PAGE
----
- Check if the tool offers end-to-end encryption
I know that nobody reads privacy policies (see point 3 above), but please invest 30 seconds to properly verify (and possibly adjust) your privacy and security settings.
7. Check the security of your internet connection
Always avoid connecting to open/public WiFi networks and ensure that your home system is secure in order to avoid connection hijacking.
Don’t share your WiFi hotspot with others.
Watch out: open WiFi may open up a gate into your personal life.
8. Think about others before posting photos, videos or screenshots
Before posting a screenshot of your video happy hour, think about the other people captured in the photo/screenshot. Be aware that photo and video-sharing can lead to the dissemination of images, voice, and potentially contact details.
- Are you sure that your companions are ok with having their photo posted?
- Does the image contain any contact information that shouldn’t be made public?
Again, capturing screen images and sharing them on social media or instant messaging services is a no-go!
9. Schedule safely
Never share the URL to your virtual happy hour on social media, send it directly to your friends or family members via email or another secure channel to avoid malicious individuals from interrupting your call.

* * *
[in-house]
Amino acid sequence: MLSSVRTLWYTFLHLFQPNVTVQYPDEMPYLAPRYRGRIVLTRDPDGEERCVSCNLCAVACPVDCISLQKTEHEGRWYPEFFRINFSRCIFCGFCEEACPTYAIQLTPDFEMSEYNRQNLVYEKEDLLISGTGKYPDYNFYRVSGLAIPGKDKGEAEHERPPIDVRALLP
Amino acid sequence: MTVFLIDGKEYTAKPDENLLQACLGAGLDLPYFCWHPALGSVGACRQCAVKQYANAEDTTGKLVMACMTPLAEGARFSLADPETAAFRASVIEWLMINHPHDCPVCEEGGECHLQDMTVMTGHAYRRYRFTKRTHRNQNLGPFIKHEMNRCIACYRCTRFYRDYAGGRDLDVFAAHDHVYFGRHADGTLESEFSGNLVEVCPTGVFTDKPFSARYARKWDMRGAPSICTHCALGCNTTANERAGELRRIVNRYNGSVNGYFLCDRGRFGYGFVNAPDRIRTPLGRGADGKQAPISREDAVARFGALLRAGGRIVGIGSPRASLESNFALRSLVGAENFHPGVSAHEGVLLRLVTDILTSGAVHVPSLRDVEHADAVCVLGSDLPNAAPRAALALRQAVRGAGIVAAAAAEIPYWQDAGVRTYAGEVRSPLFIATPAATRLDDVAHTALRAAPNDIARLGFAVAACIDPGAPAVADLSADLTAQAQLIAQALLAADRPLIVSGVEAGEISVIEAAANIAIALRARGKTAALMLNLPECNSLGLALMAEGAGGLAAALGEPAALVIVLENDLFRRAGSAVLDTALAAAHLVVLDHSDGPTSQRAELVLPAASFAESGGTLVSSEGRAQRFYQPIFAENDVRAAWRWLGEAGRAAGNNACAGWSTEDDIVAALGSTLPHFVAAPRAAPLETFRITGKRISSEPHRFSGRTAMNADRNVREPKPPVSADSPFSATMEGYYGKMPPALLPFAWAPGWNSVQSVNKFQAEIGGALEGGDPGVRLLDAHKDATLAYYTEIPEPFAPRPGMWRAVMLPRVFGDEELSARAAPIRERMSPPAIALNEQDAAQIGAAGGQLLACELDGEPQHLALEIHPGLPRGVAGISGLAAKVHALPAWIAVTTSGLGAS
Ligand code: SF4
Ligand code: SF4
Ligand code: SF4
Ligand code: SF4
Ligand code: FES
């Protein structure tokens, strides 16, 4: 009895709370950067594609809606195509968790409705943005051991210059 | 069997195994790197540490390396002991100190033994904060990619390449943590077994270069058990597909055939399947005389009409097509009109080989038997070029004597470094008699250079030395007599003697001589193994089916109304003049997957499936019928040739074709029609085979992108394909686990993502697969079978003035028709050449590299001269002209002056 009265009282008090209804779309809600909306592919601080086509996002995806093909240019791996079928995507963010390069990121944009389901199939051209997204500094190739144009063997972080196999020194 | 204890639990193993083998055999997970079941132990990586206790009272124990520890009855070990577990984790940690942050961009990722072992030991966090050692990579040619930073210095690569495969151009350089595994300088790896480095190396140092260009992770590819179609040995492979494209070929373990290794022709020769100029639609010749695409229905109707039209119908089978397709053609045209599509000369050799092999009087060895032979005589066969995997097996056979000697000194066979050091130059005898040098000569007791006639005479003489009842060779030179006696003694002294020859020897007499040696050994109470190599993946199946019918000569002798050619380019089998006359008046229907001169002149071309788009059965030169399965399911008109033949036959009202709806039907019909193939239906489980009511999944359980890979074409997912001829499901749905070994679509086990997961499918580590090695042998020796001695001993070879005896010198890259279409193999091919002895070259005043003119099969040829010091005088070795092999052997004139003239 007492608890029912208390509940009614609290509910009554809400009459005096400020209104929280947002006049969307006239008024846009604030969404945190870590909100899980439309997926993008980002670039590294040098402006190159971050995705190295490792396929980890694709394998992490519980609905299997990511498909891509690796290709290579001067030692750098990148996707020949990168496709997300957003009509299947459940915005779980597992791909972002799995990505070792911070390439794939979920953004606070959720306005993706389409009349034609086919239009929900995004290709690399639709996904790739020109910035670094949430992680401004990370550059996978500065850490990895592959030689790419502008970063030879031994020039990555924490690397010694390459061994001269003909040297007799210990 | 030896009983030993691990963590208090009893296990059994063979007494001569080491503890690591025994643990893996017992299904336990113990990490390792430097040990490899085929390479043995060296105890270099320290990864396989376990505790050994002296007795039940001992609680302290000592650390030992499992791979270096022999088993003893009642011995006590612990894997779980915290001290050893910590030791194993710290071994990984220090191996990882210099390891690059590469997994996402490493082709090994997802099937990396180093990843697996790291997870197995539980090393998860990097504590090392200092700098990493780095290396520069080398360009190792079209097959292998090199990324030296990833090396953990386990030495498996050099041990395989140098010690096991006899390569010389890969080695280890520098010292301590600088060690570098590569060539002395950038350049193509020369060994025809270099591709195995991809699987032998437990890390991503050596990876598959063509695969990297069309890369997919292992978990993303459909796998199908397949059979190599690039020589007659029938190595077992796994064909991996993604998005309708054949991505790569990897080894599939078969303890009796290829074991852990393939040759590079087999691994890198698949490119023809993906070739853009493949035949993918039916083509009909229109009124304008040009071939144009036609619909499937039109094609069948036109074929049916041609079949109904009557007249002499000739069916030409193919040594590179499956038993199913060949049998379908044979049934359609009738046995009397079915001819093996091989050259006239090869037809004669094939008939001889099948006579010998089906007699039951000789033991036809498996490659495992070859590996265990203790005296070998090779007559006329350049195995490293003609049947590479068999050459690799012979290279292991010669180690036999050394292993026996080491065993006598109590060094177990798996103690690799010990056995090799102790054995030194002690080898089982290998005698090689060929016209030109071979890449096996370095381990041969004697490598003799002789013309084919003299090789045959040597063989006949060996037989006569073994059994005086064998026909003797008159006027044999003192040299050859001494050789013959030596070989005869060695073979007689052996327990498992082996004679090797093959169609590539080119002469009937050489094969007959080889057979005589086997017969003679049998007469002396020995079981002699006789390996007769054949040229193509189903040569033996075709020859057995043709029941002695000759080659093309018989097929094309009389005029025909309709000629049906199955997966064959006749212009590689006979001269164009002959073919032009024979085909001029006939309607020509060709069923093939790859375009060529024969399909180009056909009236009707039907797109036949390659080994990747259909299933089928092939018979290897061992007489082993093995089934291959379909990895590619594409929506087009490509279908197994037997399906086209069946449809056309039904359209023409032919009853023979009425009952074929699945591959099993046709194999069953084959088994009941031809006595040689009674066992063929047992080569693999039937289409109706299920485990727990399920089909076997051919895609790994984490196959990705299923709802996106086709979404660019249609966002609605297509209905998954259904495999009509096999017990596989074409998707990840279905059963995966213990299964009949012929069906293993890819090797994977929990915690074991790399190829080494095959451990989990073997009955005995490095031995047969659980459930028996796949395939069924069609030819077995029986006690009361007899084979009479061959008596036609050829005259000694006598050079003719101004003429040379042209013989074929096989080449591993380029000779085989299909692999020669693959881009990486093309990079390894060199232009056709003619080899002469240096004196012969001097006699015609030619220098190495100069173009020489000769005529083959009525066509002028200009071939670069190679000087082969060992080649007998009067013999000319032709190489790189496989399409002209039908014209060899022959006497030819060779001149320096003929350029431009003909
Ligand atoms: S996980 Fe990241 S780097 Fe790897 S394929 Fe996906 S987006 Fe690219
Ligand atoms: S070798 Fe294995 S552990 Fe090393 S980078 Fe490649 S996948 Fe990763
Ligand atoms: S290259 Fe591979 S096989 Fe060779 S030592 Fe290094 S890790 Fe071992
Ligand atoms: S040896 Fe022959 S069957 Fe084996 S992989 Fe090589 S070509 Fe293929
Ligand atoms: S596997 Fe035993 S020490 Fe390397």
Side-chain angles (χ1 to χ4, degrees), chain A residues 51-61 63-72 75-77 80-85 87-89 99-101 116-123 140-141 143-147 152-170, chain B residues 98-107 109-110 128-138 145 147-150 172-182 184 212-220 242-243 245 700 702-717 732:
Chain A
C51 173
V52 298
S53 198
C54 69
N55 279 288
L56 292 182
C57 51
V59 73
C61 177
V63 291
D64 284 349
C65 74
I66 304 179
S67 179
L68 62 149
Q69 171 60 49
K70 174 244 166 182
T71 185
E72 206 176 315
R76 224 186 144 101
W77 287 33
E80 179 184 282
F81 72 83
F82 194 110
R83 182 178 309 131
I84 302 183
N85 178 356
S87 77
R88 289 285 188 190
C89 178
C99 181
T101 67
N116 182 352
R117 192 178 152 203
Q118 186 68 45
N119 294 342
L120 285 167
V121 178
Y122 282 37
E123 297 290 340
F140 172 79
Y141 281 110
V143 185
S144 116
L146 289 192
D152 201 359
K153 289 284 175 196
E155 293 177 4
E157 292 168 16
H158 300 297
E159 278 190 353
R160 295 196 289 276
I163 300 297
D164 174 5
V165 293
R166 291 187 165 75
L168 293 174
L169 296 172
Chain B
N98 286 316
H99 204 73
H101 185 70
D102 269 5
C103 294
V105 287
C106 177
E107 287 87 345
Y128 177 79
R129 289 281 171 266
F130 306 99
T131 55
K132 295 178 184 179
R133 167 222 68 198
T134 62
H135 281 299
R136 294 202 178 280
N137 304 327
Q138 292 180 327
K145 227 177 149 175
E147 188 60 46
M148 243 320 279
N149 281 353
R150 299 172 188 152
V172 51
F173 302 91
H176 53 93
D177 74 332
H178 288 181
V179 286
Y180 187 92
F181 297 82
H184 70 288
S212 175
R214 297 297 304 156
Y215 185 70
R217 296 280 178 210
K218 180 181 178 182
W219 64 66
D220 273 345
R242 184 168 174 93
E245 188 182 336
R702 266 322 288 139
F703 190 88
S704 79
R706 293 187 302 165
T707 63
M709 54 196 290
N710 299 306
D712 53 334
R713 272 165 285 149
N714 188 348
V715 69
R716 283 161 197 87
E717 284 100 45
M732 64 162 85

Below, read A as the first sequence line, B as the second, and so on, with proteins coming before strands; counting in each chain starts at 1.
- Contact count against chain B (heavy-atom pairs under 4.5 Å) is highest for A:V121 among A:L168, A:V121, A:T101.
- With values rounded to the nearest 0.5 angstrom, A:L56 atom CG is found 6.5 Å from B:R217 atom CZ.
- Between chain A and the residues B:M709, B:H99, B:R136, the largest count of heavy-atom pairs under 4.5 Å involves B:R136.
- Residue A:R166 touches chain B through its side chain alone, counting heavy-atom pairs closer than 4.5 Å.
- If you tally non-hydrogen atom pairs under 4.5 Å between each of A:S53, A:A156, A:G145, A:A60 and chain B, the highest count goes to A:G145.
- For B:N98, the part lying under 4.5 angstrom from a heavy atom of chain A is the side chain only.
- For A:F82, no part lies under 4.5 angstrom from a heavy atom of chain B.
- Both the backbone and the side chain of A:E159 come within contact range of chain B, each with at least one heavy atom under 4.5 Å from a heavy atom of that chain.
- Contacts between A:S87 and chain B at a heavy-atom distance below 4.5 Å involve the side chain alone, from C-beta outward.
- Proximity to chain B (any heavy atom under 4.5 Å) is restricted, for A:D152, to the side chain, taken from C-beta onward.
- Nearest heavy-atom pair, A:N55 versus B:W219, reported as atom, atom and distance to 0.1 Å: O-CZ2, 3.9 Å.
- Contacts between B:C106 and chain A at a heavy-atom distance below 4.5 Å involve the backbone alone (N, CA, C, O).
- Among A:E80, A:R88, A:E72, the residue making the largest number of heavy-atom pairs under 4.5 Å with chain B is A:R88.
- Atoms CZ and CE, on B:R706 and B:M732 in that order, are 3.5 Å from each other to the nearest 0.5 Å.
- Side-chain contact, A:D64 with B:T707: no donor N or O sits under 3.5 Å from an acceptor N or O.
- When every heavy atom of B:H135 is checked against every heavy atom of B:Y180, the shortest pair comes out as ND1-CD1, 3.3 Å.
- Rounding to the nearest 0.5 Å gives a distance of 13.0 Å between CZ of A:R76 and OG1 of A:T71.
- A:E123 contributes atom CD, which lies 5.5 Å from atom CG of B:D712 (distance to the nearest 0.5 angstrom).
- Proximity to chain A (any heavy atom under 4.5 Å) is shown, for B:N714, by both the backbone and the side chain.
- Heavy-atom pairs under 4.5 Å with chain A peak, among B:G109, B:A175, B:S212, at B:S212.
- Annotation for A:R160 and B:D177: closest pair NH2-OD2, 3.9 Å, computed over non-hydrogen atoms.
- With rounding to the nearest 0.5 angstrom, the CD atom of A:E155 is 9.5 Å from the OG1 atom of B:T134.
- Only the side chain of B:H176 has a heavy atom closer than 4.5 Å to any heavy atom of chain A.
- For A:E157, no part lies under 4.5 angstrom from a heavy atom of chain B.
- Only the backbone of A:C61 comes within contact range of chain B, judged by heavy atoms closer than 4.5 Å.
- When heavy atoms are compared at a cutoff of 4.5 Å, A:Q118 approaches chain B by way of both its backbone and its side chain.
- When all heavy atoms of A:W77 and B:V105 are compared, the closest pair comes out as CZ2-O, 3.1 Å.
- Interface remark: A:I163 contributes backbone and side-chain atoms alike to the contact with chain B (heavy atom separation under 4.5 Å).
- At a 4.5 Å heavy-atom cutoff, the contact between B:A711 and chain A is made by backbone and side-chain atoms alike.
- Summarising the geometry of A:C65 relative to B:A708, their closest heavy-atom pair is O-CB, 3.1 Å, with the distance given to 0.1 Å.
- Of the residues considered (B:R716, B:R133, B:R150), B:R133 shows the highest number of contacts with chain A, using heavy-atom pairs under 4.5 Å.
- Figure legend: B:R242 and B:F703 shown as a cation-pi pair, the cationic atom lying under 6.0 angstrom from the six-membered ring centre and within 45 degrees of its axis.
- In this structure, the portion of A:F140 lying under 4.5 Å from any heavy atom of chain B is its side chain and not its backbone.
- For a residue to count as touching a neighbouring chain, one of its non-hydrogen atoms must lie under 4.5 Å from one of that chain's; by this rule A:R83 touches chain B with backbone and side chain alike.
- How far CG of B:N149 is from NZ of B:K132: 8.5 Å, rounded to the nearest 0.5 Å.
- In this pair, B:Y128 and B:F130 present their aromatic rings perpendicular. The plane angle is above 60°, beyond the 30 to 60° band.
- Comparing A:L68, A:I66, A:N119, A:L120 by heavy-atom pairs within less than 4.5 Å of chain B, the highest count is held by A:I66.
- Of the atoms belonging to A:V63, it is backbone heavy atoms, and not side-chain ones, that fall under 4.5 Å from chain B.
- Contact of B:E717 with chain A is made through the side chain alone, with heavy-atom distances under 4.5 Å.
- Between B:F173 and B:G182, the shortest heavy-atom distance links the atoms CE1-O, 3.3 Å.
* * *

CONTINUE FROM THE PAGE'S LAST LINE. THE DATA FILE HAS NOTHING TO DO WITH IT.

Check out the definition of privacy, it’s about keeping private things private!
Share these tips for a privacy-friendly, safe and cyber-secure happy hour with your friends and family.
For official guidance on how to safely use video conferencing apps see:
Danish Center for Cybersecurity – Use of communication and collaboration platforms
Dutch Data Protection Authority – Decision aid for privacy in video calling apps
EU Agency for Cybersecurity (ENISA) – Tips for selecting and using online communication tools
Irish Data Protection Commission – Data Protection Tips for Video-conferencing
UK Information Commissioner’s Office – Video conferencing: what to watch out for
UK National Cyber Security Centre (NCSC) – Consumers urged to secure internet connected cameras
United States Federal Trade Commission – Video conferencing: 10 privacy tips for your business
For more official guidance on privacy and data security aspects in relation to COVID-19, see my dedicated blog post.